April 25, 2012

Abel Kirui and Wilson Kipsang at the 2012 London Marathon     Photo: tompagenet/Flickr

Kenya Selects Olympic Marathon Team

World record holder left off

Kenya's athletics federation on Wednesday announced that it had chosen its men's and women's marathon teams for the upcoming London Olympic Games. Wilson Kipsang and Mary Keitany, winners of Sunday's London Marathon, head the three-runner squads alongside two-time world champion Abel Kirui, New York City Marathon winner Edna Kiplagat, 2:03:06 runner Moses Mosop, and Priscah Jeptoo. Notably, world record holder Patrick Makau, who dropped out of the London Marathon on Sunday, and 2011 Boston and New York City winner Geoffrey Mutai, who dropped out of the Boston last week, were not chosen. In 2011, Kenyan marathoners won all five marathon majors and ran 24 of the year's 25 fastest record-legal times, greatly complicating the Olympic selection process. Athletics Kenya appears to have penalized Makau and Mutai for failing to finish races this spring.

Read more at IAAF.org

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A centote in Mexico     Photo: Vokeron7/Flickr

Ancient Skeleton Missing From Cave

Archaeologists place wanted posters

A 10,000-year-old skeleton of an early American dubbed Young Hol Chan II has vanished from the underwater reservoir where it was interred in Mexico's Yucatan Peninsula. Mexico City's National Institute of Anthropology and History posted "wanted" flyers in supermarkets, bakeries, and dive shops around the town of Tulum, asking residents to keep a lookout for the bones, which they presume were stolen. The cenote, or sinkhole, in which the remains were discovered in 2010 also holds the Young Man of Chan Hol, along with ancient elephants and giant sloths entombed when sea levels were lower. Archaeologists have no way of guarding the hundreds of cenotes in the region.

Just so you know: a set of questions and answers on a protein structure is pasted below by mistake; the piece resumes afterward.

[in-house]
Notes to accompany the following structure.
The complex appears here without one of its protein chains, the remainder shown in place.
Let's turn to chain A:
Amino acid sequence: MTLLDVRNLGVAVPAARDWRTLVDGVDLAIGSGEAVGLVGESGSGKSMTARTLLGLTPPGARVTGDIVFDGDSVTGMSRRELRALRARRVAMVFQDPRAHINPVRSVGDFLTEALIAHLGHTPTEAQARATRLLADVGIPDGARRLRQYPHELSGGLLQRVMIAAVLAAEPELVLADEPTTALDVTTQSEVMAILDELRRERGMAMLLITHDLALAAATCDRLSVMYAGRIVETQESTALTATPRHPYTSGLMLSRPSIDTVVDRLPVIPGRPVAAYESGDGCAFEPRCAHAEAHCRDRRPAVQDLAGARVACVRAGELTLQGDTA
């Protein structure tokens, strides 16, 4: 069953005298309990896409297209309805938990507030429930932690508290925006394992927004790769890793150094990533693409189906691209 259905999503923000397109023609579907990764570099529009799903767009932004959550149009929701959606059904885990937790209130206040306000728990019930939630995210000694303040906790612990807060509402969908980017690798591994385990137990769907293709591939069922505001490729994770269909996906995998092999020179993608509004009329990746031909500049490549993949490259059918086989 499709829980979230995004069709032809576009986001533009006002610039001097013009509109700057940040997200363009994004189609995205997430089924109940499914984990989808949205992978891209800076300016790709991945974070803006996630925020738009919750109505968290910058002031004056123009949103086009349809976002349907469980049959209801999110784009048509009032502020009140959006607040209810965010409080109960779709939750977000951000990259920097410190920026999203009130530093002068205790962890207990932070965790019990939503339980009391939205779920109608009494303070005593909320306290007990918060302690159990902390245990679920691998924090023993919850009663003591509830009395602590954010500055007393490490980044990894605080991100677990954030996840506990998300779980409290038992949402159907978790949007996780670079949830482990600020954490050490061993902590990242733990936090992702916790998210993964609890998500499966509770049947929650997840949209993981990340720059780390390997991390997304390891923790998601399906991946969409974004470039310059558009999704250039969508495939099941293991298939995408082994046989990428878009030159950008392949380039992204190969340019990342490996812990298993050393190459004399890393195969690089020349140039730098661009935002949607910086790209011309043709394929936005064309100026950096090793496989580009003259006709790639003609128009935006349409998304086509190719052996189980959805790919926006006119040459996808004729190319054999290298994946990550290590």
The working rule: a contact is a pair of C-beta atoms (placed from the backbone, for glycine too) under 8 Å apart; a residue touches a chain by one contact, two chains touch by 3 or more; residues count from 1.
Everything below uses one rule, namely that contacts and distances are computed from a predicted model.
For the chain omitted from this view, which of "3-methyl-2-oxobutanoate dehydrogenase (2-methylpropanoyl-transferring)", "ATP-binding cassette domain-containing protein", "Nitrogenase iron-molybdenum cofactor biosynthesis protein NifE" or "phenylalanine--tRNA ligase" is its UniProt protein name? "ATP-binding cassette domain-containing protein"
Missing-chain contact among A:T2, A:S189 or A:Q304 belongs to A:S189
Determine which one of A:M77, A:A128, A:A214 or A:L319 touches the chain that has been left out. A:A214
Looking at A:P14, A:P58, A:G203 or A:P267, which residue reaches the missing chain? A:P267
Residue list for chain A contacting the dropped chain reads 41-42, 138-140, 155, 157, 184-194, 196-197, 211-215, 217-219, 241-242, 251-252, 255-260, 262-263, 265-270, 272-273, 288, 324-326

Read more at New Scientist

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Deepwater Horizon oil spill     Photo: lagohsep/Flickr

Feds Make First Arrest in BP Oil Disaster

Engineer deleted texts about spill's scale

On Tuesday, federal prosecutors filed criminal charges against a former BP engineer for allegedly deleting hundreds of text messages about the scale of the Deepwater Horizon Oil Spill, the first to arise from the 2010 disaster. Kurt Mix, who was part of a BP team trying to estimate the amount of crude flowing from the well, was arrested and charged with two counts of obstruction of justice for destroying evidence. In court papers, the FBI said it was investigating whether BP knew the oil well was leaking more crude than it admitted publicly. The deleted texts included a report that the well was flowing at a rate three times that of the company's estimate. Under the Clean Water Act, BP's financial liability is partly determined by how much oil was discharged.

Read more at Bloomberg Businessweek

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Tom Boonen in 2009     Photo: bram_souffreau/Flickr

Omega Pharma-QuickStep Limits Tweets

Riders to keep quiet after finishing

The director of the Omega Pharma-QuickStep cycling team has banned riders from sending tweets after finishing a race. Brian Holm will not let riders tweet within an hour of finishing in an effort to keep post-race frustrations offline. "I think they just need to get their rawest emotion out of their minds after a sprint," Holm said. "Otherwise they might write something they regret." Holm added that he thinks the proper use of social media can create debate and be good for the sport. Omega Pharma-QuickStep rider Tom Boonen leads WorldTour rankings.

Read more at Cycling News

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